Third, states would be wise to remember what has made the state so successful at producing college graduates: robust public and private degree-granting institutions. In New York, private colleges and universities preceded the SUNY system, and smart politics has spurred a tradition of simultaneously bolstering public and private college and universities.
Cuomo's landmark tuition initiative benefited the public higher education institutions. So let's be on the alert for the state Legislature, working with the governor, to identify opportunities to advance measures that benefit private colleges and universities, which are often the largest employers in upstate New York.
For example, the state’s STEM Incentive Program already offers college scholarships for high school students who graduate in the top 10 percent of their class to attend private institutions, which produce nearly 60 percent of the STEM – or science, technology, engineering and mathematics – bachelor’s degrees in the state. Will state lawmakers pass legislation this session to expand the program to include private institutions? Another bill to keep an eye on in Albany is the proposal to allow private institutions to participate in the Masters-in-Education Teacher Incentive Scholarship program, given that just shy of two-thirds of the state's graduate degrees are awarded by private colleges and universities.
Fourth, higher education can become an engine of economic development. Cuomo's life sciences initiative received $320 million in this year's state budget. This program has not gotten nearly the attention it deserves because it promises to transform New York's existing strength in biomedical research into an economic development generator, producing good jobs with large multiplier ratios. New York could follow the lead of states like Texas, California, Massachusetts and North Carolina, which have attended to both the recruitment and retention of researchers, as well as translating that research into commercialization.
Cuomo astutely set the priority for this program on developing a steady pipeline of translational research. One pragmatic key to its success will be whether the state maximizes the potential for academic health centers, which the legendary U.S. Sen. Daniel Patrick Moynihan called our state's “crown jewel.” To become magnets for attracting National Institutes of Health funding and venture capital as well as big pharmaceutical investments would ultimately supply that translational research pipeline.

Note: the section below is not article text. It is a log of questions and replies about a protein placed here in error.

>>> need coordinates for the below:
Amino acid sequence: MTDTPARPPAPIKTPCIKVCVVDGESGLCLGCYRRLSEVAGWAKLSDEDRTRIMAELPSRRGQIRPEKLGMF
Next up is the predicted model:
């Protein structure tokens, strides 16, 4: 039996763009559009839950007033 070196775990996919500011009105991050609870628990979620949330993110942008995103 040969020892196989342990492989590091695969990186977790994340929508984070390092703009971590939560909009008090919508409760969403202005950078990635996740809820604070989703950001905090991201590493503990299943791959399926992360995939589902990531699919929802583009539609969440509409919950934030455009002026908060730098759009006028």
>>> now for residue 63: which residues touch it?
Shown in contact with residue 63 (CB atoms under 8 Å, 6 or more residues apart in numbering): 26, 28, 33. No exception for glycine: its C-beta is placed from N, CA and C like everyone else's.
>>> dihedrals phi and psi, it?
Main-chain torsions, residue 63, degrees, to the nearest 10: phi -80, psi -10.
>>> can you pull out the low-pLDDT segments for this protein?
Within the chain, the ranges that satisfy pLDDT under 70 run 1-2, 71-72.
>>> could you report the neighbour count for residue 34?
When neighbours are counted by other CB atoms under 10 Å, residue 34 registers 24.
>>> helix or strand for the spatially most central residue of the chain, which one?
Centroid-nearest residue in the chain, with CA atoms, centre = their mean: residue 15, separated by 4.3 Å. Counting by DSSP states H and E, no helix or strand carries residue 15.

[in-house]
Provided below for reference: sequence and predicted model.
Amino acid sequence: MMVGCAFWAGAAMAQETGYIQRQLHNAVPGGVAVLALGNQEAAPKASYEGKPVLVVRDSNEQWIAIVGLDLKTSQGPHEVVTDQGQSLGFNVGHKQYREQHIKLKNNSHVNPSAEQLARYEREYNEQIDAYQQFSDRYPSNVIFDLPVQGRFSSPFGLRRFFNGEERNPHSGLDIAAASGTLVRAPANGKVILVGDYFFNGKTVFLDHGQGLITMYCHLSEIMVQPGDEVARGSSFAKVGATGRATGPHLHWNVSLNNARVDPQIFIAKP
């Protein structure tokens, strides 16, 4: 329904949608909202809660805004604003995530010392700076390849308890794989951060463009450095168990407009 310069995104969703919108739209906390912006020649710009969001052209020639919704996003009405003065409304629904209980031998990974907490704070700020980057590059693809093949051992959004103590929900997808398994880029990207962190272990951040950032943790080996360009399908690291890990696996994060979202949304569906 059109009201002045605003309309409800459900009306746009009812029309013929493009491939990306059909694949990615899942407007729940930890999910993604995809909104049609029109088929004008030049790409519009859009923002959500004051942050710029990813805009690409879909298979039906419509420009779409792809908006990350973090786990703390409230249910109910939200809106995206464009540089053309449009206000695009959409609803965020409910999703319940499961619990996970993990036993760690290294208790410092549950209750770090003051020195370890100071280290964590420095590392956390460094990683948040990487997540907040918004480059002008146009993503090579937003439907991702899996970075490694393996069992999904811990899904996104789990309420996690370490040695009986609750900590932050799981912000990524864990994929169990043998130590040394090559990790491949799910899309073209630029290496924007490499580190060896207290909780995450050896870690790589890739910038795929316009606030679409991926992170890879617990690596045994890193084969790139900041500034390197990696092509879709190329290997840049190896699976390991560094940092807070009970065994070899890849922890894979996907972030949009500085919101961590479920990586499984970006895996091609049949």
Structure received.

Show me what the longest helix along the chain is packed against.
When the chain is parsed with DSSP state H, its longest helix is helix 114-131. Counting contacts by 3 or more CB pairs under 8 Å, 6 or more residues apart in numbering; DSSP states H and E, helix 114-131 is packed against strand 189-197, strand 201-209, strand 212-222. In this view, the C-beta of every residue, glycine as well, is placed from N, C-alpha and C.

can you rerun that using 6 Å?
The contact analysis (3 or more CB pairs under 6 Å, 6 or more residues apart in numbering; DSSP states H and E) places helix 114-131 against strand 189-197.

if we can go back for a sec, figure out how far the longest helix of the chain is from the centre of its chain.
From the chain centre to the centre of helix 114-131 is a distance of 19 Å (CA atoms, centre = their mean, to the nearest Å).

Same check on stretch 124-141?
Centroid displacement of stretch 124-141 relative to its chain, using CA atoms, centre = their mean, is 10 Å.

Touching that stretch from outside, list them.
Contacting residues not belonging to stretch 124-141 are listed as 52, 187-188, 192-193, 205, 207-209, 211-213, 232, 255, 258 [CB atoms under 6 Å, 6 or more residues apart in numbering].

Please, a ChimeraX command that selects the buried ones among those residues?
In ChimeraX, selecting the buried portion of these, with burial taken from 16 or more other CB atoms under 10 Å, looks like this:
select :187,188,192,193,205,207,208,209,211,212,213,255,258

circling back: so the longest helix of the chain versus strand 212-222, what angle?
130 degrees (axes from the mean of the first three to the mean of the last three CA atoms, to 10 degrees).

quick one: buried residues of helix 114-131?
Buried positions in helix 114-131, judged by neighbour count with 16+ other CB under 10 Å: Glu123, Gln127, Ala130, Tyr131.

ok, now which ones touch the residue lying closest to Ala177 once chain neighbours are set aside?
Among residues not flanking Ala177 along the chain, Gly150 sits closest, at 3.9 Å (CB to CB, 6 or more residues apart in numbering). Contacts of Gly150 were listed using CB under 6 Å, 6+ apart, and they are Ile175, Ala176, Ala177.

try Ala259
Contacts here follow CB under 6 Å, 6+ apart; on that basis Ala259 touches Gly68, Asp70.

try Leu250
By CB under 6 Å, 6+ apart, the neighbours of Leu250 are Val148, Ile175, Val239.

Fifth, the holy grail in melding good policy and smart politics in higher education will come to those states that find a way to get their employers and higher education institutions to collaborate on job placement. There are millions of high-tech blue-collar jobs available nationwide, carrying high salaries with good benefits that go unfilled because American students, especially those graduating from our community colleges, lack the skills employers need. Among the job titles are data scientist, data engineer and analytics managers, which all have starting salaries around $100,000 a year, according to a recent USA Today story.
Therefore, creating the template for states to facilitate the awarding of academic degrees, buttressed by job training boot camps, will be no easy task. Yet this hard work can uncover an economic development treasure trove, yielding political gold for the governors and the legislatures who succeed in this quest. The long-term political loyalty of the electorate's equilibrium point – those with some college, but not a four-year degree – is a prize worth seeking for both parties.
The policy progress and political prowess underlying higher education will not come easily, but more likely in fits and starts over the long haul. But if my postulates on the political arithmetic surrounding higher education are correct, the next generation of higher education advocates will not be known as wallflowers, but as gladiators.
Bruce N. Gyory is a political and strategic consultant at Manatt, Phelps & Phillips LLP.